Infection Control for CJD

What to know

Iatrogenic transmission of the CJD agent has been reported in more than 500 patients. Most have been linked to contaminated human growth hormone and dura mater grafts. A small number have been linked to corneal transplants, contaminated neurosurgical instruments and stereotactic EEG depth electrodes. All equipment-related iatrogenic cases occurred before sterilization procedures currently used in health care facilities were routine. No such cases have been reported since 1976. No CJD cases have been associated with exposure to the CJD agent from surfaces such as floors, walls, or countertops.

Several healthcare personnel operate on a patient.

Reprocessing surgical instruments

Inactivation studies have not rigorously evaluated the effectiveness of actual cleaning and reprocessing methods used in health care facilities. Instead, recommendations to reprocess potentially CJD-contaminated instruments are primarily derived from in vitro inactivation studies. These studies used either brain tissues or tissue homogenates, both of which pose enormous challenges to any sterilization process.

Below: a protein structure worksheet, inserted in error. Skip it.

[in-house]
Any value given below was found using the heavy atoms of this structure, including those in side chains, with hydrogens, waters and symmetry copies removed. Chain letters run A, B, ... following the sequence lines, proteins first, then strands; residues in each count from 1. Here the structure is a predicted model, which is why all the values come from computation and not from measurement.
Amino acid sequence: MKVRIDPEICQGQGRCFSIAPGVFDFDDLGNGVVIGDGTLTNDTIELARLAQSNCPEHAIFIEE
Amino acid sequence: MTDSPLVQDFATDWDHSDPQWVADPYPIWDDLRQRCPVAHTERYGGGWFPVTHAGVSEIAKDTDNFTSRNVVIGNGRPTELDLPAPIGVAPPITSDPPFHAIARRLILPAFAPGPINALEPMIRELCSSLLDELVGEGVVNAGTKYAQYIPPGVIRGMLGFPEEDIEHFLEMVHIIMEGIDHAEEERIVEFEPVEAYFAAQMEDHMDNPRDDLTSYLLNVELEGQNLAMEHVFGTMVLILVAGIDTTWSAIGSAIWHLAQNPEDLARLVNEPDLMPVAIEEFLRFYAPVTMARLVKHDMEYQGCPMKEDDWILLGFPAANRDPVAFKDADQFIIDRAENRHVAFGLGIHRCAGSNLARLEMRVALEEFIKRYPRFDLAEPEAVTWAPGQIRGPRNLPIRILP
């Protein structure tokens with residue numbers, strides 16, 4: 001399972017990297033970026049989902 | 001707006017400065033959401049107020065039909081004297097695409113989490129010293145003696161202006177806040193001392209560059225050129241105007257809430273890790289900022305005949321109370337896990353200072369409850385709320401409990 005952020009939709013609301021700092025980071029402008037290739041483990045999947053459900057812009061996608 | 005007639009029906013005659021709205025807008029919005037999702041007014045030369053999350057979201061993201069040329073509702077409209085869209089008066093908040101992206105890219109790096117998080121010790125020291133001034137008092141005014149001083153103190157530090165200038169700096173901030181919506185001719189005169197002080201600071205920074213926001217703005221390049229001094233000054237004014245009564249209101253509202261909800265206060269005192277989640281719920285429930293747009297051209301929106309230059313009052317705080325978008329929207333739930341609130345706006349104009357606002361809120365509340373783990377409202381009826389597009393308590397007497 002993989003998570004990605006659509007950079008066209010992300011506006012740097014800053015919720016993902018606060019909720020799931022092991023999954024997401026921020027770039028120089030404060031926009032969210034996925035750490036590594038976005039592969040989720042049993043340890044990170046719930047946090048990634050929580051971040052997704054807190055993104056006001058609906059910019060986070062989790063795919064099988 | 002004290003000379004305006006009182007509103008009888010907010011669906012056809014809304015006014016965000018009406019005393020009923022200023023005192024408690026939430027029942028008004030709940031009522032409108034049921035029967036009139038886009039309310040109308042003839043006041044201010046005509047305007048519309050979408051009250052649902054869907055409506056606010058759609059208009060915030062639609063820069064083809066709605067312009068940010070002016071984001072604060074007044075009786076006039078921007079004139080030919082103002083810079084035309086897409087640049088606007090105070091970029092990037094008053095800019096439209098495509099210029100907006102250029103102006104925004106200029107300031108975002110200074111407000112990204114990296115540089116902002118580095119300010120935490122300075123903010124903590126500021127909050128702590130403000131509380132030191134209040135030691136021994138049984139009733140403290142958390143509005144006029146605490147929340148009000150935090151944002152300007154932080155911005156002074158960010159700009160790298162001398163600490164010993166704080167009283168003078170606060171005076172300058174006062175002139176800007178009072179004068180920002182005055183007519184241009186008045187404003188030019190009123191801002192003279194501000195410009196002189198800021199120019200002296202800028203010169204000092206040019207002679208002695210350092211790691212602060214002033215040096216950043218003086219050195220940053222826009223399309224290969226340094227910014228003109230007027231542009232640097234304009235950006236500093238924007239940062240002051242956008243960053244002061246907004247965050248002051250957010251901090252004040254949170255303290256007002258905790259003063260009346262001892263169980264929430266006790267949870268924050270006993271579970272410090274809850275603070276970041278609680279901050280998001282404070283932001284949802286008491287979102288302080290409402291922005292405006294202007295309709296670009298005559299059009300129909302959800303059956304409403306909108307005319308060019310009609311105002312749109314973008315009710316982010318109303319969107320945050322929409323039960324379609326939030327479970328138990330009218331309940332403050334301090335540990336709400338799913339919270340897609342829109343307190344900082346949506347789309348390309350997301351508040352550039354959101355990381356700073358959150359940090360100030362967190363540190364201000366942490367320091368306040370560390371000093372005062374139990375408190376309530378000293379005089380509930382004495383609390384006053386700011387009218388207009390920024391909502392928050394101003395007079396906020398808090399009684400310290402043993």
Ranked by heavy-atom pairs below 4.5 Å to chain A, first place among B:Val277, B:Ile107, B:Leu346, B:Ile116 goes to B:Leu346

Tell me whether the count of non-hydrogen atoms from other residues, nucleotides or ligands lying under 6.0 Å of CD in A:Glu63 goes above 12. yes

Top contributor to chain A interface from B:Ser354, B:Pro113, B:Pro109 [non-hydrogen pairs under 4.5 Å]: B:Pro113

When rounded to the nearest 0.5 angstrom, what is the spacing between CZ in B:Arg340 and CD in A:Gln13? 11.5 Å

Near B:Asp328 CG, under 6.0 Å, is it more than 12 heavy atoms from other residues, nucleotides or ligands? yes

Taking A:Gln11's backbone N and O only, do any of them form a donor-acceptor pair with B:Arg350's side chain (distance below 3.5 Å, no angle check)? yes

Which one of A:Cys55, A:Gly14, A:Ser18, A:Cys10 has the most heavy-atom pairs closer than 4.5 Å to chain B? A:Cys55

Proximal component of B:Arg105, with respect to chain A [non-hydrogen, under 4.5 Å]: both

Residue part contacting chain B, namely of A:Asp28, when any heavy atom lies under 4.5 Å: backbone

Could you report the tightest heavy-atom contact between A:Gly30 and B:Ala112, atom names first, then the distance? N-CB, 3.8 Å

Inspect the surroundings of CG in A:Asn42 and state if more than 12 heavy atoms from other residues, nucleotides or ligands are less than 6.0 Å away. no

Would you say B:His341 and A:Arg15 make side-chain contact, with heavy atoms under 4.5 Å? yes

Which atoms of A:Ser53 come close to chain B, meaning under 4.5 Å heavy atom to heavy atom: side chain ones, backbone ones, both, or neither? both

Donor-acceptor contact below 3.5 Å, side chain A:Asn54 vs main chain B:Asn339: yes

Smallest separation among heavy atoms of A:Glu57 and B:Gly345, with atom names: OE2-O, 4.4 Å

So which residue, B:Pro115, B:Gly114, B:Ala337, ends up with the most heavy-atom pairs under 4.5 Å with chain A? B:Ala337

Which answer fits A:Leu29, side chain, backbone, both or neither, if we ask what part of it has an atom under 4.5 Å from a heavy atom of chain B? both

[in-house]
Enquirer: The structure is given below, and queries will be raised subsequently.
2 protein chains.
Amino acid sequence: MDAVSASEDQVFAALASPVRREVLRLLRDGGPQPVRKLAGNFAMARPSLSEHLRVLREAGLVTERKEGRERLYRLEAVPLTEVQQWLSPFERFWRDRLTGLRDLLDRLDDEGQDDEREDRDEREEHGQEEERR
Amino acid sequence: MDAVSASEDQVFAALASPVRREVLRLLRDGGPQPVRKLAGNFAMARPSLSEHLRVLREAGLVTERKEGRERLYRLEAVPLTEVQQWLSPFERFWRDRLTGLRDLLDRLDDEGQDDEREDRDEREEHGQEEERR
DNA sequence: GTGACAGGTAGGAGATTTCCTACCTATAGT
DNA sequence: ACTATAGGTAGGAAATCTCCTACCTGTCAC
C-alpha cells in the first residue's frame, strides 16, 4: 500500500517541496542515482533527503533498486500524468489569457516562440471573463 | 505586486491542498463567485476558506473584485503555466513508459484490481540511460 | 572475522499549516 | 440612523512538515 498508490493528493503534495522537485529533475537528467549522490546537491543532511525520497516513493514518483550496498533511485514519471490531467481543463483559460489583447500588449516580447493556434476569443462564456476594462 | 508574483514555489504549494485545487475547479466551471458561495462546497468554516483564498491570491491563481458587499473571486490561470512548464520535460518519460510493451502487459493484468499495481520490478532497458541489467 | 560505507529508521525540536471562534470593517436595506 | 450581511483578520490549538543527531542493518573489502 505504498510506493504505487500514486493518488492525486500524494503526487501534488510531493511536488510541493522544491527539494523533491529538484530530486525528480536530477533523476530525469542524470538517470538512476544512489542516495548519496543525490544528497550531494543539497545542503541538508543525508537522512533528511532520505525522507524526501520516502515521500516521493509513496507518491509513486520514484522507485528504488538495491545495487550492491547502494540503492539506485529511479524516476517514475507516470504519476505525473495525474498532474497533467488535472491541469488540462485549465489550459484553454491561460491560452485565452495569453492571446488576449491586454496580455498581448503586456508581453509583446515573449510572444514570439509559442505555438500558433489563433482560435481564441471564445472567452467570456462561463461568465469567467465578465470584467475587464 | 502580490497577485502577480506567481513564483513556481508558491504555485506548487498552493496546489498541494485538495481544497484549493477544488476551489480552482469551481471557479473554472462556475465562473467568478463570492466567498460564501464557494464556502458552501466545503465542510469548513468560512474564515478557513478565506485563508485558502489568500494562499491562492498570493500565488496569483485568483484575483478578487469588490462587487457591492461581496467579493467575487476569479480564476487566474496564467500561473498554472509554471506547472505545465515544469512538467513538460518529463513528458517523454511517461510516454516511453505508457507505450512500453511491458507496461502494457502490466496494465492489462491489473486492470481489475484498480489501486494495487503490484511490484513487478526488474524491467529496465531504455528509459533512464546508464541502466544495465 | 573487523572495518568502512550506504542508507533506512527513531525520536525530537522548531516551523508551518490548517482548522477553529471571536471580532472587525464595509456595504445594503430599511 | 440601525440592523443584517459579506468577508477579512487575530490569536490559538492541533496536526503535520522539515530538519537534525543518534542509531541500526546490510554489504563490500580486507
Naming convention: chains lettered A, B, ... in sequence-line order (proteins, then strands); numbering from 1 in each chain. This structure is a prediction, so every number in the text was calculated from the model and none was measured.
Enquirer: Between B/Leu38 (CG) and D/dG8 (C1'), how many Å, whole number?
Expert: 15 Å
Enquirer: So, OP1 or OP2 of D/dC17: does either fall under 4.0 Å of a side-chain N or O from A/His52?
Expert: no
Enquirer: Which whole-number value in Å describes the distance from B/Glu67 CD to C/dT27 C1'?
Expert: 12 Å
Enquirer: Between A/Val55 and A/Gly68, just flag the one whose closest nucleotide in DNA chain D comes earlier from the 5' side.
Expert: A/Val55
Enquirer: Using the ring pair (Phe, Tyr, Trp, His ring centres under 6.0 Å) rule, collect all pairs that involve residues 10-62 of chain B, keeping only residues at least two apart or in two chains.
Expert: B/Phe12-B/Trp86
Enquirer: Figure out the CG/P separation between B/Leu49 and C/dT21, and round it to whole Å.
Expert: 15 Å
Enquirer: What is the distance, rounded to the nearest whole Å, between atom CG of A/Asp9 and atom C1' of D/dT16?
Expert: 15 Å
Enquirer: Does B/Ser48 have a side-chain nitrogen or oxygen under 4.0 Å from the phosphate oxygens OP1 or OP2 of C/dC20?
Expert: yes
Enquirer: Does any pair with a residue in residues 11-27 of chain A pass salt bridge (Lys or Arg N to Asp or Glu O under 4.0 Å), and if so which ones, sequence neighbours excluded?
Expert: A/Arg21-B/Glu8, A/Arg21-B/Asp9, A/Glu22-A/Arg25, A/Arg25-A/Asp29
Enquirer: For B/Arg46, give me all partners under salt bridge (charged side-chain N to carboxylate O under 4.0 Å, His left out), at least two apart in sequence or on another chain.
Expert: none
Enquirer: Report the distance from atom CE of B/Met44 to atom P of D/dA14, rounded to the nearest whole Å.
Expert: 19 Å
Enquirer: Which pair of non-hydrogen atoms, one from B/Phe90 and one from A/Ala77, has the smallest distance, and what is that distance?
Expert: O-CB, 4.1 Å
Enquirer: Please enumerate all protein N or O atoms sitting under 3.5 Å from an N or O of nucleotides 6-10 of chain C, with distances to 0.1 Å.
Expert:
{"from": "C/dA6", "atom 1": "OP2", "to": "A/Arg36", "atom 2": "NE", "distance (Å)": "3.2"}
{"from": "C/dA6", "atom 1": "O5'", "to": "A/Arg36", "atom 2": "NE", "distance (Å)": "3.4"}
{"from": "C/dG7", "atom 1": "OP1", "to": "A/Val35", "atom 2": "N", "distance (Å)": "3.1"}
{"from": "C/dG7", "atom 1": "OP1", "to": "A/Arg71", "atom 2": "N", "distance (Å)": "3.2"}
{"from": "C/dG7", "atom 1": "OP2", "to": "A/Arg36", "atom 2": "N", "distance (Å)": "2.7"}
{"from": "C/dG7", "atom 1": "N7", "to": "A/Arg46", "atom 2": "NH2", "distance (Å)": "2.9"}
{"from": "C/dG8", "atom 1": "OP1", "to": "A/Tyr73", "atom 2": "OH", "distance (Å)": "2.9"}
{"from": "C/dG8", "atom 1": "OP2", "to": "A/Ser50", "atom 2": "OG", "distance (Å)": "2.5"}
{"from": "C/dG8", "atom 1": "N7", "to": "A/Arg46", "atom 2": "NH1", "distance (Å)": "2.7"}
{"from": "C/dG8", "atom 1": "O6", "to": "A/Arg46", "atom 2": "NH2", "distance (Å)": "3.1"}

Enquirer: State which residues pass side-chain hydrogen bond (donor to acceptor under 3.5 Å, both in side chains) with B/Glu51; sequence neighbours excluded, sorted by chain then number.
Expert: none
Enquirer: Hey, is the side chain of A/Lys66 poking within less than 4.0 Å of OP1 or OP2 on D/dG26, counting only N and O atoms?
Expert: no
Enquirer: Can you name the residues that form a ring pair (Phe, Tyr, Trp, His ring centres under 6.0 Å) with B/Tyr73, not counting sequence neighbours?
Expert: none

The World Health Organization (WHO) has CJD infection control guidelines to guide health care workers caring for CJD patients. Destruction of heat-resistant surgical instruments that come in contact with high-infectivity tissues is the safest method. However, it may not be practical or cost effective. In that case, healthcare providers should follow sterilization methods for tools used on suspected or confirmed CJD patients.

Instruments should not be allowed to air dry during the surgical procedure. They should instead be kept moist by immersing them in water or disinfectant solution.

Chemical and autoclave sterilization

The three most stringent sterilization methods for heat-resistant instruments are described in Annex III of the WHO guidelines. They are listed below in order of more to less severe treatments.

Sodium hypochlorite may be corrosive to some instruments, such as gold-plated instruments. The instrument manufacturer should be consulted about the instrument's tolerance of exposure to sodium hypochlorite before you use it. Instruments should first be decontaminated by a combination of the chemical and recommended autoclaving methods. Following those steps, you can put them through cleaning in a washer cycle and routine sterilization.

Method 1

  1. Immerse in a pan containing 1N sodium hydroxide (NaOH).
  2. Heat in a gravity displacement autoclave at 121°C for 30 min.
  3. Clean, rinse in water, and subject to routine sterilization.

CDC NOTE: Cover pan containing sodium hydroxide and take care not to spill NaOH in autoclave. Use containers with a rim and lid to collect and drip condensed NaOH back into pan. Be cautious handling hot sodium hydroxide solution (post-autoclave) and avoid potential exposure to gaseous sodium hydroxide. Exercise caution during all sterilization steps. Allow the autoclave, instruments, and solutions to cool down before removal.